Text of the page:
When I started reviewing displays in 2009, FHD was the most common resolution and QHD was just beginning to appear on premium screens. Then, 4K came along with very high price tags. Early examples like Sharp’s PN-K321 made a $3,500 dent in wallets. Today, 4K has almost achieved dime-a-dozen status with 27 and 32-inch screens aplenty selling for under $500. So, is it time for a higher resolution among the best computer monitors? Dell thinks so and has set the example with its UltraSharp U3224KB. Despite the 4K in its model number, it is a 6K display with 6144x3456 pixels. At 32 inches (31.5 viewable), that means 224ppi pixel density and 21.23 megapixels. Let’s take a look.
Dell UltraSharp U3224KB Specs
|Panel Type / Backlight||IPS / W-LED, edge array|
|Screen Size / Aspect Ratio||32 inches / 16:9|
|Max Resolution & Refresh Rate||6144x3456 @ 60 Hz|
|Pixel density: 224ppi|
|Native Color Depth & Gamut||10-bit / DCI-P3|
|HDR10, DisplayHDR 600|
|Response Time (GTG)||5ms|
|Brightness (mfr)||450 nits SDR|
|600 nits HDR|
|Video Inputs||1x Mini DisplayPort 1.4|
|1x HDMI 2.1, 1x USB-C|
|USB||5x USB-C, 5x USB-A|
|Power Consumption||53w, brightness @ 200 nits|
|Panel Dimensions||28.2 x 19.5-25.8 x 9.3 inches|
|WxHxD w/base||(716 x 495-655 x 236mm)|
|Panel Thickness||2.3 inches (58mm)|
|Bezel Width||Top: 1.6 inches (41mm) w/speaker bar|
|Sides: 0.3 inch (8mm)|
|Bottom: 0.94 inch (24mm)|
|Weight||29.3 pounds (13.3kg)|
The U3224KB is strictly a productivity display. It has no gaming features such as Adaptive-Sync or fast refresh. It runs at 60Hz, and its overdrive is more of a courtesy feature than a usable tool. With those things noted, let’s look at the positives, and there are many.
Resolution is undoubtedly the primary selling point. And speaking of price, the U3224KB is debuting at $3,199, not so far off from the first generation of 4K monitors from 10 years ago. But you get much more than lots of pixels for that money. It covers 100% of the DCI-P3 color gamut, which is not only greater than most monitors I’ve reviewed but is also more accurate.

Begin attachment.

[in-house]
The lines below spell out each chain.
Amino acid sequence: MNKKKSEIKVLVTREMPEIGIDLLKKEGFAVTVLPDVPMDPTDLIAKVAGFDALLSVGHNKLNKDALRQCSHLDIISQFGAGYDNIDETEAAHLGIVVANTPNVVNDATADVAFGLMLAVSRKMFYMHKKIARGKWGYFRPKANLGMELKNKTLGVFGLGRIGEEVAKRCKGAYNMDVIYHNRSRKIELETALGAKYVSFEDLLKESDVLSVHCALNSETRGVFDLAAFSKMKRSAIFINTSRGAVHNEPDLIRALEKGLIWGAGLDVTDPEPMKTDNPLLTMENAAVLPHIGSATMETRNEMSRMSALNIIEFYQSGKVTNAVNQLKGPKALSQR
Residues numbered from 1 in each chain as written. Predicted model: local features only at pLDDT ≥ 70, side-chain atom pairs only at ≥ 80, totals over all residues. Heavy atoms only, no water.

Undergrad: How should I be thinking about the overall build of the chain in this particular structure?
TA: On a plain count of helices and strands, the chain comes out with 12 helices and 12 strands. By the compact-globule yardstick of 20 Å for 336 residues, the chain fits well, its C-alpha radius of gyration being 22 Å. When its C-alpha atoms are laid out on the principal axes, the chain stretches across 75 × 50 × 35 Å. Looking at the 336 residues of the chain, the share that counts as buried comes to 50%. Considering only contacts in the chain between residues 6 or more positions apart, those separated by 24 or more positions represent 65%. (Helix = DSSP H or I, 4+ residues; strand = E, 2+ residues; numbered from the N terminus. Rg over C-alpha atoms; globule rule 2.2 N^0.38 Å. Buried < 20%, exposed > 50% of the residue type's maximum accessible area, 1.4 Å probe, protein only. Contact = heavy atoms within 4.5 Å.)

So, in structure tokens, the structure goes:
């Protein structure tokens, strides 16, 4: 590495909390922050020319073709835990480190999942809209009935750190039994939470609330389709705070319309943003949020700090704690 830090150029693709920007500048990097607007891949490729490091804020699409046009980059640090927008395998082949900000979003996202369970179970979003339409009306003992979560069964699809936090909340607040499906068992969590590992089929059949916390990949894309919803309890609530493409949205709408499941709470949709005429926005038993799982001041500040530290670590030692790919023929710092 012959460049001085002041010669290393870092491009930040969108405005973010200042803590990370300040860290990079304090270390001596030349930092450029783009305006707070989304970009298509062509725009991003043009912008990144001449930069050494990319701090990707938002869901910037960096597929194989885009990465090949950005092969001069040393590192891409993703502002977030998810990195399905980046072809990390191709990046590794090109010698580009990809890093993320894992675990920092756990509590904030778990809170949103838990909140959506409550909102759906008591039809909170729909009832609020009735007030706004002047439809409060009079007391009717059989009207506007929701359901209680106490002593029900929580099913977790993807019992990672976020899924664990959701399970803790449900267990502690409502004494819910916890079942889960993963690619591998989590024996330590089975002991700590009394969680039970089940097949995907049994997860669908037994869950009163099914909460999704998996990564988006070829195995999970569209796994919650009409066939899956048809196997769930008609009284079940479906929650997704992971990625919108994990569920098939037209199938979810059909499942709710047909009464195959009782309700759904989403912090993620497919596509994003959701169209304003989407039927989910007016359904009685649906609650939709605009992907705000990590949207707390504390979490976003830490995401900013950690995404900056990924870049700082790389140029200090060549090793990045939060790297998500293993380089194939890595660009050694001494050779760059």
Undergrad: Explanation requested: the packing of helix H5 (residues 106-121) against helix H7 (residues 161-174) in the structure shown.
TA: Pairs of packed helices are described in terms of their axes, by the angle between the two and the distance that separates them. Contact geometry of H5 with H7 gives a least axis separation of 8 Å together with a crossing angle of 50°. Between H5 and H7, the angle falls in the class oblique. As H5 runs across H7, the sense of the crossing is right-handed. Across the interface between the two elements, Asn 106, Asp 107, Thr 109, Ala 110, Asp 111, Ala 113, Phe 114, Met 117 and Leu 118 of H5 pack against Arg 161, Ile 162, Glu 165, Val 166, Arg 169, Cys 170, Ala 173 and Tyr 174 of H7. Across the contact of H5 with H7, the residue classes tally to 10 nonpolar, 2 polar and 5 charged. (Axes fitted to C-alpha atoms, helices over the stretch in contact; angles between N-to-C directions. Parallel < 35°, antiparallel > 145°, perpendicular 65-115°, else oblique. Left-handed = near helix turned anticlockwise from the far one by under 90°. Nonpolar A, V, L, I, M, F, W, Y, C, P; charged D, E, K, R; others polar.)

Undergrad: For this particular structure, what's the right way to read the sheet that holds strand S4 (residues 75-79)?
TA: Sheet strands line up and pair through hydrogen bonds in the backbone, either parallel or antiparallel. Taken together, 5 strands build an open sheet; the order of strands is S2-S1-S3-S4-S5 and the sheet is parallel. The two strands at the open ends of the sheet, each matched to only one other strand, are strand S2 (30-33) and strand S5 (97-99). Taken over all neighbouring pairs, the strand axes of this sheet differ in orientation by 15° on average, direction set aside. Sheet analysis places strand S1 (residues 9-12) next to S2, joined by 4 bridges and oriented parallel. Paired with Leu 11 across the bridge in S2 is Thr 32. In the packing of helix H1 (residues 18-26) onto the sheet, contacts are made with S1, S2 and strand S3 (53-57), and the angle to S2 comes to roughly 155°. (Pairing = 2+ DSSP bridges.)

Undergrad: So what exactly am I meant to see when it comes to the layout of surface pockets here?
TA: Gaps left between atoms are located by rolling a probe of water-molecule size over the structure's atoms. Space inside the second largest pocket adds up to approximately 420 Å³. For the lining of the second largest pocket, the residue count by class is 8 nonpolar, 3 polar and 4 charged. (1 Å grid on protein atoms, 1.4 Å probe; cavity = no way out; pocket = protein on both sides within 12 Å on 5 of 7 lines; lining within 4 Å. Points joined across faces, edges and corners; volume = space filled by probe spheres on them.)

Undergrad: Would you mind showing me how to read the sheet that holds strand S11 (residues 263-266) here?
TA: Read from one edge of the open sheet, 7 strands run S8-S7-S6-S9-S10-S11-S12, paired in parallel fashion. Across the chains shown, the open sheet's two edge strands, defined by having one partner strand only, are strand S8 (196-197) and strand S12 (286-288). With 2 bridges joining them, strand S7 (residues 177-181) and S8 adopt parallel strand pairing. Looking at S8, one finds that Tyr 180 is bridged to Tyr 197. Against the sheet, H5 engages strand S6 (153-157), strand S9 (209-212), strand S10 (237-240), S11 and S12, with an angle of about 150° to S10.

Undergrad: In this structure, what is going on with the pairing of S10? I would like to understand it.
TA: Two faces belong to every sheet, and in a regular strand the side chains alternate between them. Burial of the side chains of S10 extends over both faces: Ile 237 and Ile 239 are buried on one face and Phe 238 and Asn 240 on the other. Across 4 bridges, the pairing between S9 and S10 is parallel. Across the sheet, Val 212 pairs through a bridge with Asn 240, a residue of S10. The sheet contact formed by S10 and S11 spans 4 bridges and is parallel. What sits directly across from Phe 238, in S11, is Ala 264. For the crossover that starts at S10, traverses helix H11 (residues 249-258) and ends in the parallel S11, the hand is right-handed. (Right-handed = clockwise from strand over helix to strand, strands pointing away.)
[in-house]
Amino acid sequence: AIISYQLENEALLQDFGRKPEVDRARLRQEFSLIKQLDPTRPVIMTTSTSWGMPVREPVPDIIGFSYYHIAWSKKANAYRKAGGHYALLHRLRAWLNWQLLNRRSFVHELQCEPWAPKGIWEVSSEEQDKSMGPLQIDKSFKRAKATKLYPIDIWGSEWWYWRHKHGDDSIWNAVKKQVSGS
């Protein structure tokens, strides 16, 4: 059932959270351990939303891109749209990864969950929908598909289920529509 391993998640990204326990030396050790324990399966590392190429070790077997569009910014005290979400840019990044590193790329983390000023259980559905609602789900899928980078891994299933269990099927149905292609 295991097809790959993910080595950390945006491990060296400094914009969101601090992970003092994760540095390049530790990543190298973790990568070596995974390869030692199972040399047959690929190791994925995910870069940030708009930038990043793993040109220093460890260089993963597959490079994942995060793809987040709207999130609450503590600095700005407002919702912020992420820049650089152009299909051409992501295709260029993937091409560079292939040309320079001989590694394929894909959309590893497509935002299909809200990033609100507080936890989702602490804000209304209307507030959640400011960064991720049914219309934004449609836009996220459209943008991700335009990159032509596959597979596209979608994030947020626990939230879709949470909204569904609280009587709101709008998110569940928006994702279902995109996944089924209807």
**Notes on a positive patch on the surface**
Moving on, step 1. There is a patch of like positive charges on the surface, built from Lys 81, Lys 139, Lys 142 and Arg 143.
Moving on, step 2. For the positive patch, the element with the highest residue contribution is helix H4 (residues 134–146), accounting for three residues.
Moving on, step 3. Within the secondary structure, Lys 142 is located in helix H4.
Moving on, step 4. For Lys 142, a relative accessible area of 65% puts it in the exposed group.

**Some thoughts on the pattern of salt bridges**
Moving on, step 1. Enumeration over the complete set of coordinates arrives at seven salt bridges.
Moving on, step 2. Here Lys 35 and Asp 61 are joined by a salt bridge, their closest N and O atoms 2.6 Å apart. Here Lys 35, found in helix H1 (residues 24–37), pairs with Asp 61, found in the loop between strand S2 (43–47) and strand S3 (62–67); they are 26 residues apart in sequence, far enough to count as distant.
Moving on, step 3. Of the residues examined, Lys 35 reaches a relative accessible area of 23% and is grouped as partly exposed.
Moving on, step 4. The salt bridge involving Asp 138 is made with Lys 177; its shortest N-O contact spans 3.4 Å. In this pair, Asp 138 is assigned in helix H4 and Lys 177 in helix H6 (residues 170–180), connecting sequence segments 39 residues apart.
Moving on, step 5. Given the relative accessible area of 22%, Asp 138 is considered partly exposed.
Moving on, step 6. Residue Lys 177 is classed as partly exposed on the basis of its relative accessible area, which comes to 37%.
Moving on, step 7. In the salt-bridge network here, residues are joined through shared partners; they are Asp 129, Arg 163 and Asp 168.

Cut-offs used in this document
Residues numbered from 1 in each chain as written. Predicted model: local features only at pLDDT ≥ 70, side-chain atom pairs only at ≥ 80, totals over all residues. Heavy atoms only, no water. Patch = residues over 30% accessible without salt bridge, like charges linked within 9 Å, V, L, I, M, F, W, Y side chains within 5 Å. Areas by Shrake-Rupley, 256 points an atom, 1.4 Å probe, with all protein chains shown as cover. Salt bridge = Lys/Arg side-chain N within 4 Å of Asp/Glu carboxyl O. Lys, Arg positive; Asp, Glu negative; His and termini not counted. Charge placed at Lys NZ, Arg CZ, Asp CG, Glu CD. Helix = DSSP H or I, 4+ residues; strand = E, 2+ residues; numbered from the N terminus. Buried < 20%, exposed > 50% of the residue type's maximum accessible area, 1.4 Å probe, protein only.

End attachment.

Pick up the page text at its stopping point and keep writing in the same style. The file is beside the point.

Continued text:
There is another new buzzword used here, IPS Black. In other words, the U3224KB has lower black levels than typical IPS screens, which offer around 1,000:1 contrast. Dell claims 2,000:1 and I measured just over 1,500:1, which is still well above average for the IPS category. VA technology is still the king of dynamic range for LCD panels. And OLED remains in a class by itself.
HDR10 signals are supported with over 600 nits peak output and an effective field dimming feature that bumps HDR contrast to over 12,500:1. That is a respectable figure though it comes up short of full-array zone dimming monitors with Mini LED backlights like Asus’ PA32UCG.
The U3224KB also offers a lot of added value on the outside. It has a built-in webcam with 4K and HDR capability. A large speaker bar crosses the panel's top with two 14-watt transducers inside. It has more USB ports than many PCs, with five USB-C and five USB-A. They are supported by a powerful KVM feature that lets you hook up multiple systems to be controlled by a single keyboard and mouse. The build is rugged like a professional monitor should be. This is a screen that can be used for the long haul. HDMI 2.1 and DisplayPort 1.4 ensure that it should be many years before new interfaces make it obsolete.
Assembly and Accessories
Dell continues its responsible approach to packaging with the U3224KB’s contents protected by carefully shaped cardboard and just a few small pieces of flexible foam, not the crumbly stuff. The box is slender and heavier than you’d expect. A lot of that heft is the base which weighs as much as many smaller monitor’s entire chassis. The panel and stand assemble without tools into a large, solid unit worthy of any professional or high-end setup. The power supply is internal, so you get an IEC cord, DisplayPort, USB-C/C (Thunderbolt 4), and USB-A/C cables.